Jeff
    Tobho had learned to work Valyrian steel at the forges of Qohor as a boy. Only a man who knew the spells could take old weapons and forge them anew.

    How I built my oil furnace | My Photo Album | My Videos

  5. #85
    Junior Member
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    Feb 2017
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    Elkhart Indiana
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    Quote Originally Posted by Tobho Mott View Post
    Welcome to the Ave., Aric.

    I would like to know more about those swords - how you molded them, the primitive tech used, why they are now buried, etc. Swords are supposed to be tricky to cast well in sand molds; sounds like a project worthy of its own (pic-heavy) thread!

    Jeff
    Thank you for the welcome Jeff, The project wasn't documented so I have no pictures. I used wooden patterns more then 3/8 of a inch thick so that would explain the success. I think for my first pour. I continued that with the other swords. I have given the patterns away to relatives made of hickory they are durable heavily lacquered a way to please them stopping them from asking me for one of my blades. The firing process was very simple "primitive". I made charcoal in a pop corn "tin" mild steel with a hole in the top. Had a cast iron lamp base that coverd the lid effective as a nozzle since it was coned with about a half inch hole in the center. The released methane, while exposed gas to open flame creates a torch. 1950 °C 3542 °F very capable and awesome flames reached 15 feet high at times. Contained the fire around that inside a cylinder scrapped from a old dryer. Used a huge piece of cardboard to blow the flame off the gas when I needed to approach the crucible and made use of paper with shredded cardboard to subside the flames or bring them back up to the exhaust. Simple but time consuming took more then 3 months to gather the wood, paper, cardboard fuel. I think it was around 21 hours working continuously during the melt. But I've been rewarded with a contractors trash bag full of charcoal. Like many here at some time or another. I used a small propane bottle as a crucible..the crucible was wired to a small cast iron fireplace grate. I had to lift the entire grate to pour, used a garden rake and a fire poker. The reason why I buried them? I intend to put my accumulative knowledge gained from researching differing aspects of metal craft into the blades through out my life and until I'm no longer capable of doing any foundry work. My first impressions of the art my understandings as time passes and last perspectives combined. I didn't give a description of the swords because I want those who see them to give me their take on what era or region they think the construction came from. Also being buried ensures I won't go tinkering on them until I advance my skill's. Sincerely Aric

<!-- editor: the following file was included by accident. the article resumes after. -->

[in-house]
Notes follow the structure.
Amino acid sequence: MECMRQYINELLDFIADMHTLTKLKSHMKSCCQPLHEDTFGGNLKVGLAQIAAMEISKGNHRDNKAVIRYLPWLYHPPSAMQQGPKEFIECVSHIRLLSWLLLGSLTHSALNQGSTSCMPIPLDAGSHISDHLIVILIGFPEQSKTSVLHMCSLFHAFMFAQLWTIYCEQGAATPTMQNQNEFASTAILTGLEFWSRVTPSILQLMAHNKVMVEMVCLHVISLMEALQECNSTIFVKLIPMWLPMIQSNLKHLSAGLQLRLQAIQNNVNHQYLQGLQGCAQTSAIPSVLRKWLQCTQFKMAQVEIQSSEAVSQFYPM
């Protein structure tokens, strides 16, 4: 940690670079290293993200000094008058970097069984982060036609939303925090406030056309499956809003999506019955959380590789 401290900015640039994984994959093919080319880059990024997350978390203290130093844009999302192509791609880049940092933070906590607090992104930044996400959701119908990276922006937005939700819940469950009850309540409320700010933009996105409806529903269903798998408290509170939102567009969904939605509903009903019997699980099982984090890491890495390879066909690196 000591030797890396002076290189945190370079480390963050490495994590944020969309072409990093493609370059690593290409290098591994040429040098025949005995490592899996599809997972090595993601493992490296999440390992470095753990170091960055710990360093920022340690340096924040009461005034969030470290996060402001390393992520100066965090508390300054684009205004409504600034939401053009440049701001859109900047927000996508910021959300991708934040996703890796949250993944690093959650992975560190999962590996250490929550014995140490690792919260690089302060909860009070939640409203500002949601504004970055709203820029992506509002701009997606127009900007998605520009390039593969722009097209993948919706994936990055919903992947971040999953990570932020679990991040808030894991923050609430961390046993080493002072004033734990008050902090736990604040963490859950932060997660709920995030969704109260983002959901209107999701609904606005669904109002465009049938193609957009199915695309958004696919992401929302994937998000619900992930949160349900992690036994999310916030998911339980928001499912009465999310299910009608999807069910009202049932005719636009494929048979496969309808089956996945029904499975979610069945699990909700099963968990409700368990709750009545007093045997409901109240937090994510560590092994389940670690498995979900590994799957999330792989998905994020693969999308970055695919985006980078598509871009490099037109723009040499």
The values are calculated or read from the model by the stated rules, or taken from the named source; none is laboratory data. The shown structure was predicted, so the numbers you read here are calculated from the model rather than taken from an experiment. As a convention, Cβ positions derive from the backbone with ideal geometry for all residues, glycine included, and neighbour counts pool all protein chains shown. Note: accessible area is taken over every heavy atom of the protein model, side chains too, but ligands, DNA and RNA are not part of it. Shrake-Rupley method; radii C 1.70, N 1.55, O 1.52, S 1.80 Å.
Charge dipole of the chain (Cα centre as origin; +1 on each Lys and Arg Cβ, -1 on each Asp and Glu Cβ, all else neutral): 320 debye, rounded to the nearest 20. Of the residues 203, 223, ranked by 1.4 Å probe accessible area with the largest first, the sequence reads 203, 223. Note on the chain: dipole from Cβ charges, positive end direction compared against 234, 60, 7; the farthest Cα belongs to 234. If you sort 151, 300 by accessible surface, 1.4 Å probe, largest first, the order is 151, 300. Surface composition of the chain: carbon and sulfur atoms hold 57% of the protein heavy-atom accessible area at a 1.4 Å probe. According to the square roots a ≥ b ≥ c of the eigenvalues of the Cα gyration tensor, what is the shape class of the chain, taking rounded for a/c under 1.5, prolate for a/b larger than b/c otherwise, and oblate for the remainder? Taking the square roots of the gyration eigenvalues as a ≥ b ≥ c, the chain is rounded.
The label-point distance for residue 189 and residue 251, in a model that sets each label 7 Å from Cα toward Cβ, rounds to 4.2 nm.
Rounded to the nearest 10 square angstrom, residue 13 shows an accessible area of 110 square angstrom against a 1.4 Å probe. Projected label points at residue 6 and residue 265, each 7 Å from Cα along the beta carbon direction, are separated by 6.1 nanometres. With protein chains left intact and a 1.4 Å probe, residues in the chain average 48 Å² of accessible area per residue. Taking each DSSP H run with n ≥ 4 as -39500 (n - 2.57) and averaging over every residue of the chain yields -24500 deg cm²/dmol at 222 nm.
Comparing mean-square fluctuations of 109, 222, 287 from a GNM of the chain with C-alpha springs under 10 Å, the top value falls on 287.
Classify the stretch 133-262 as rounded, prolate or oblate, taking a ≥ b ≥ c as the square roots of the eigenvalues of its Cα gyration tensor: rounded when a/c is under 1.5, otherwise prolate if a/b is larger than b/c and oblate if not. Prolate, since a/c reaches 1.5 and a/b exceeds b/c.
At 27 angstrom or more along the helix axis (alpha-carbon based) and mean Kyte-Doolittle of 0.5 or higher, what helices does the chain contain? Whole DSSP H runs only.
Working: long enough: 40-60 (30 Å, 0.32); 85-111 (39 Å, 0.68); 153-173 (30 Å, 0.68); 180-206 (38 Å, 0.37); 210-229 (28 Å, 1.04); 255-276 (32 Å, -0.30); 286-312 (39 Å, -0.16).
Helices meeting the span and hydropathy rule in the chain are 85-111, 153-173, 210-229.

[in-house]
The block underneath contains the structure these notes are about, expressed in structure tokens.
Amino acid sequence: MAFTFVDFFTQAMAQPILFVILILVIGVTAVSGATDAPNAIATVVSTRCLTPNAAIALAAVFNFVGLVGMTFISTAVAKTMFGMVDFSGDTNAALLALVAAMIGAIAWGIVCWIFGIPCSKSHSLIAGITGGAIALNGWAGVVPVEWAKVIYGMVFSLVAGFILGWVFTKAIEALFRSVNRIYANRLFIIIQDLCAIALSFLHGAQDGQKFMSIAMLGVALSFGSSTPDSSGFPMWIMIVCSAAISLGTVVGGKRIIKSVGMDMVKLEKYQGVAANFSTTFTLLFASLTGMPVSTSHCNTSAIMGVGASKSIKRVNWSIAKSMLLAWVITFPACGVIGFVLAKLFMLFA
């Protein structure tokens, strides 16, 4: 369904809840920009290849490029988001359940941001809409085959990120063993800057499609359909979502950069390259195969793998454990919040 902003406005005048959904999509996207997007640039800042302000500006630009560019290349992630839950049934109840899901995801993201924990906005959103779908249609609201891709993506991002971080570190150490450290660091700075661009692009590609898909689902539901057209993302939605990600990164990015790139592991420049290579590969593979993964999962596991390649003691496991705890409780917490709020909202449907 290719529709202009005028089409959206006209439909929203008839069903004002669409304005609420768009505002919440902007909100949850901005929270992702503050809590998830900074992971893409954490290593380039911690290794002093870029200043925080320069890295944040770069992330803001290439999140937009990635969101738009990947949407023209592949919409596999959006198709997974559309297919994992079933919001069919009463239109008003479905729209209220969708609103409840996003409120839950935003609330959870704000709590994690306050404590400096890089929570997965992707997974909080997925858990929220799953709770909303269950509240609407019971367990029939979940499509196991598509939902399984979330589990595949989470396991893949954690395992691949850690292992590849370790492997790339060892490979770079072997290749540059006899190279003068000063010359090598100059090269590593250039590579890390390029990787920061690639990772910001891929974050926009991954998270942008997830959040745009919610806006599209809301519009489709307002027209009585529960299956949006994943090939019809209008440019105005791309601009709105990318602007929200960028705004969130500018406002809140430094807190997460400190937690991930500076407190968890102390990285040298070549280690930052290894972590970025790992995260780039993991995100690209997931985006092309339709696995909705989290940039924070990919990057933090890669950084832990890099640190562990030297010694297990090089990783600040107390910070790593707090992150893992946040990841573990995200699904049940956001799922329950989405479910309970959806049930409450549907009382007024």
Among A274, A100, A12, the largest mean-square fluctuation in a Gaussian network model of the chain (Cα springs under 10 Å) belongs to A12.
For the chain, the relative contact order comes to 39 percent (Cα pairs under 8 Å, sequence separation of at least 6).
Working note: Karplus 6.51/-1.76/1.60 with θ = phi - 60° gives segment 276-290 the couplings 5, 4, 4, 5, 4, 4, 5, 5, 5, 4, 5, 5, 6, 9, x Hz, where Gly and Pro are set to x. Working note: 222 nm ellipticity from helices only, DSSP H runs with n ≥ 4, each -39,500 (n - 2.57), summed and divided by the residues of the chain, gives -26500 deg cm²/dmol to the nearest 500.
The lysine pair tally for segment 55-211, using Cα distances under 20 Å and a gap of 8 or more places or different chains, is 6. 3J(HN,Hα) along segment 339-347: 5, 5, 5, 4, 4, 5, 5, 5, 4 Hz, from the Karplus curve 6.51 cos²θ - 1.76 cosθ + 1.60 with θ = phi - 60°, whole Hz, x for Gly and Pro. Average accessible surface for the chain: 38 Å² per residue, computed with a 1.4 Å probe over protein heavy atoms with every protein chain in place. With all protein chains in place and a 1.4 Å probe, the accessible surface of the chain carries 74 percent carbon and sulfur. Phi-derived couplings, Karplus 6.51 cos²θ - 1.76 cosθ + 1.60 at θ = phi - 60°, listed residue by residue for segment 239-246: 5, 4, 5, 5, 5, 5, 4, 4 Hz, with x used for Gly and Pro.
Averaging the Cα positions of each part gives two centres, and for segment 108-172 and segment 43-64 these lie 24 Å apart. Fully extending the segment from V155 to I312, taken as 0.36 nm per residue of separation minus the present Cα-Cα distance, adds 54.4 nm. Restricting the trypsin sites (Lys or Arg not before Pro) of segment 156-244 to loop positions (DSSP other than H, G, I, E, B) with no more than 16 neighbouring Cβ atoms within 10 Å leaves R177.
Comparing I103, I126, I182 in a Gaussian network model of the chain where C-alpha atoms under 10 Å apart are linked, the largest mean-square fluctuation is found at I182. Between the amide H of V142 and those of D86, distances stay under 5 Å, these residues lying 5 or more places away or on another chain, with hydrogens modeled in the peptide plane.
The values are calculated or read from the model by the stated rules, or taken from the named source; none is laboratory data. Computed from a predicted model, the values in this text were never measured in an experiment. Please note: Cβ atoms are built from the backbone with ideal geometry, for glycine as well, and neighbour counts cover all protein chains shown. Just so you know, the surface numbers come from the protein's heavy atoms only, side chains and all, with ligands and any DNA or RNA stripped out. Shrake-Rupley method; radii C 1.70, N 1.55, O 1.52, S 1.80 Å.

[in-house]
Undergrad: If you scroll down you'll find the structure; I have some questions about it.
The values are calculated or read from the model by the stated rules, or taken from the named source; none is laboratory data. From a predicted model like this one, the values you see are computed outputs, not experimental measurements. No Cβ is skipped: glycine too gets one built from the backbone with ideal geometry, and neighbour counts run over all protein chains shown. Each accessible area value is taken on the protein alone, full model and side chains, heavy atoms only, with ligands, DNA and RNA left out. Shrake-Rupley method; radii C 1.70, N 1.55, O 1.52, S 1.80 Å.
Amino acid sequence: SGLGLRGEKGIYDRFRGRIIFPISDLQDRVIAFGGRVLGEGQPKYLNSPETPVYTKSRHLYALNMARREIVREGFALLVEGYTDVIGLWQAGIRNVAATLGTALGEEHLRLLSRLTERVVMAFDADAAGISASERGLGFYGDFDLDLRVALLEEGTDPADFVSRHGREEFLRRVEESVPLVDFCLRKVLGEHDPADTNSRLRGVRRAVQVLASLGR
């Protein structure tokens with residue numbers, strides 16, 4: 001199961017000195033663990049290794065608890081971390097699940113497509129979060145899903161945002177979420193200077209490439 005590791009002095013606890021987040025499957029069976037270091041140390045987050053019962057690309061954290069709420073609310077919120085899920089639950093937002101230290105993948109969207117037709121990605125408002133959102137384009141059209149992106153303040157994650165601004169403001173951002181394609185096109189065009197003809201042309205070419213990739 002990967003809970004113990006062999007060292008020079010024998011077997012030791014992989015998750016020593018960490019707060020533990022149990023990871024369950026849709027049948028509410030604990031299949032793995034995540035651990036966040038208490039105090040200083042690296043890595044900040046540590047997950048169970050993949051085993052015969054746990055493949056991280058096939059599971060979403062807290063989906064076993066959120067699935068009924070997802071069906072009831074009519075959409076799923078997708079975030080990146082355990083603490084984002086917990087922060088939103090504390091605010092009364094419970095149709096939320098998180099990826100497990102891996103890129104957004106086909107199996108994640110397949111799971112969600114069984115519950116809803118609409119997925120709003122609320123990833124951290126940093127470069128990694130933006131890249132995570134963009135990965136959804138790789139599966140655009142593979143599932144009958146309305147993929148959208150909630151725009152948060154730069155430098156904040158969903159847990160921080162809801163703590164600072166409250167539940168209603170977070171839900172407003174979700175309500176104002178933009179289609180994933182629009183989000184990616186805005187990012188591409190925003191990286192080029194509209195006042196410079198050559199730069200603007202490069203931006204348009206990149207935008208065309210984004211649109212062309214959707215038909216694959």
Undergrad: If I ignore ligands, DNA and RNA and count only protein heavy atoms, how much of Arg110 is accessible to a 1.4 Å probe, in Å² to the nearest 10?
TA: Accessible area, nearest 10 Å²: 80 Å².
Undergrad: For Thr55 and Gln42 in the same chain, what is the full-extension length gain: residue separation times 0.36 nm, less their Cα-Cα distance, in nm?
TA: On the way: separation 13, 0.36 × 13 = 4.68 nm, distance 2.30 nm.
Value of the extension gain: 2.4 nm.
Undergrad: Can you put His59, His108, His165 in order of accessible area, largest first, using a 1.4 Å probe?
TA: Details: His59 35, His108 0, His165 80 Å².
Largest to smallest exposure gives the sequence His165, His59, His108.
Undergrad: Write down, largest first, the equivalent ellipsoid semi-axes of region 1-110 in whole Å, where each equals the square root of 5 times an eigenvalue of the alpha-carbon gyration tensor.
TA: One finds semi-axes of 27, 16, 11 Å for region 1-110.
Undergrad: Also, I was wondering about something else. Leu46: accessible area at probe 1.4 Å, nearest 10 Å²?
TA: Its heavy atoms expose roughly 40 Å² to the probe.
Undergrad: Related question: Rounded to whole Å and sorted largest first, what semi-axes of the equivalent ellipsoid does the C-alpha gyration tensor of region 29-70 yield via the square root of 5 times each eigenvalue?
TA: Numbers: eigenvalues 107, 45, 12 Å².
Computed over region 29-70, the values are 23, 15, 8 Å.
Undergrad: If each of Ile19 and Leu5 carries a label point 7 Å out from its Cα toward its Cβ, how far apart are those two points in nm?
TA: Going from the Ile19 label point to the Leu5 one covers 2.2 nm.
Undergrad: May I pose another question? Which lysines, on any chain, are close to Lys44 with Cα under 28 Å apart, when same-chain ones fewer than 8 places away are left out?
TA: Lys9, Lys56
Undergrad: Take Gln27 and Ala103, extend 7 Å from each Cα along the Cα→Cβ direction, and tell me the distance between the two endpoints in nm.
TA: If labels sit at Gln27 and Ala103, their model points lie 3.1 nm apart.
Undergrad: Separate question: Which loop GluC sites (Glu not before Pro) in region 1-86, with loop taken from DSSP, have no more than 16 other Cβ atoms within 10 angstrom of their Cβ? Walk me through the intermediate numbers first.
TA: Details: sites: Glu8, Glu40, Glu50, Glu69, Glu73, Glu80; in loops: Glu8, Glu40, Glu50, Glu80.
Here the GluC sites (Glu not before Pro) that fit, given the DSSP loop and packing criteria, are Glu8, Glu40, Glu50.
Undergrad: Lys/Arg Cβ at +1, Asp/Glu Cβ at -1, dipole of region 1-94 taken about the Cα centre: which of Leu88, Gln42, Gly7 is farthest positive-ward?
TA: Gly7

Last edited by AricMettle; 02-23-2017 at 04:29 PM. Reason: Trying to save space and remembered more details about the project.

  6. #86
    Senior Member
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    Jan 2010
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    Ontario, Canada
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    225

    Not Sure

    Name: Joe C aka FoundryJoe

    Age: Born in 1959

    Profession: Foundry Engineer/Manager

    Reason for casting: Got into the foundry business with my dad, if you ever saw American Chopper you know how that ended up.

    Casting got in my blood and I've been lucky to have made a career out of it.

    The trade has treated me better than OK, I am now managing a small foundry and have never been out of work.

    Once I retire I plan to make bronze plaques for fun (and maybe some profit). That is why I got involved in this group, I am collecting the equipment so I have everything ready when I get the time, the day job has me shackled with golden handcuffs, about 10 more years and I get to play…

    How long have you been casting:
    Full time career since 1983

    The main metal you cast: Currently Aluminum, but have cast steel and ductile iron commercially

    Mold Material: Most of my career has been Aluminum low pressure permanent mold or high pressure die cast, so a lot of my experience has been with metal molds.

    Have also done steel and ductile iron in v-process (unbonded sand).

    My present job is casting Aluminum in chemically bonded sand, the first time I have really worked in sand. Amazingly I have never worked in green sand!

    CAD or Paper: Funny, I have essentially no CAD skill, I tapped out on AutoCAD at about version 2 and never kept up CAD skills, in the foundry business people specialize in CAD mold design, fluid flow and solidification modelling, but I stayed on the foundry process side (setting up and running the process and machines)

    Interesting note: I have been involved with both the high end multi million dollar engineered approach and the low end McGuyer git er done way. Both approaches can make some awesome castings. And both ways can make some awful parts, money doesn’t mean success. Skill counts big time.

    Favorite way of keeping up with whats going on at Alloyavenue:
    Whats new > new posts

    The best thing you have ever cast: I liked every casting project I was involved in, but my first bronze plaque was likely the most satisfying.

    Had lots of help, these were all team efforts


    Rear transmission case for Caterpillar D9 tractor > Steel > V process
    Fun to see this oil quenched after heat treat - flames to the roof


    Wheels > Aluminum > squeeze cast
    almost a decade making millions of wheels - still see them in my sleep

    Charge air cooler tank castings > Aluminum > low pressure semi perm mold
    thin walled pressure tight, tricky castings



    Parking meters > ductile iron > V process
    you can pound these flat with a sledge and they won't break open, I know cause I've done it



    Body nodes > Aluminum heat treated > vacuum high pressure die castings
    weldable heat treated die castings - rocket science




    Blockzilla Briggs and Stratton racing block for junior dragster Aluminum low pressure semi permanent mold
    This was a fun project, a heavy duty version of the stock block to allow machining, it never really sold, cool hobby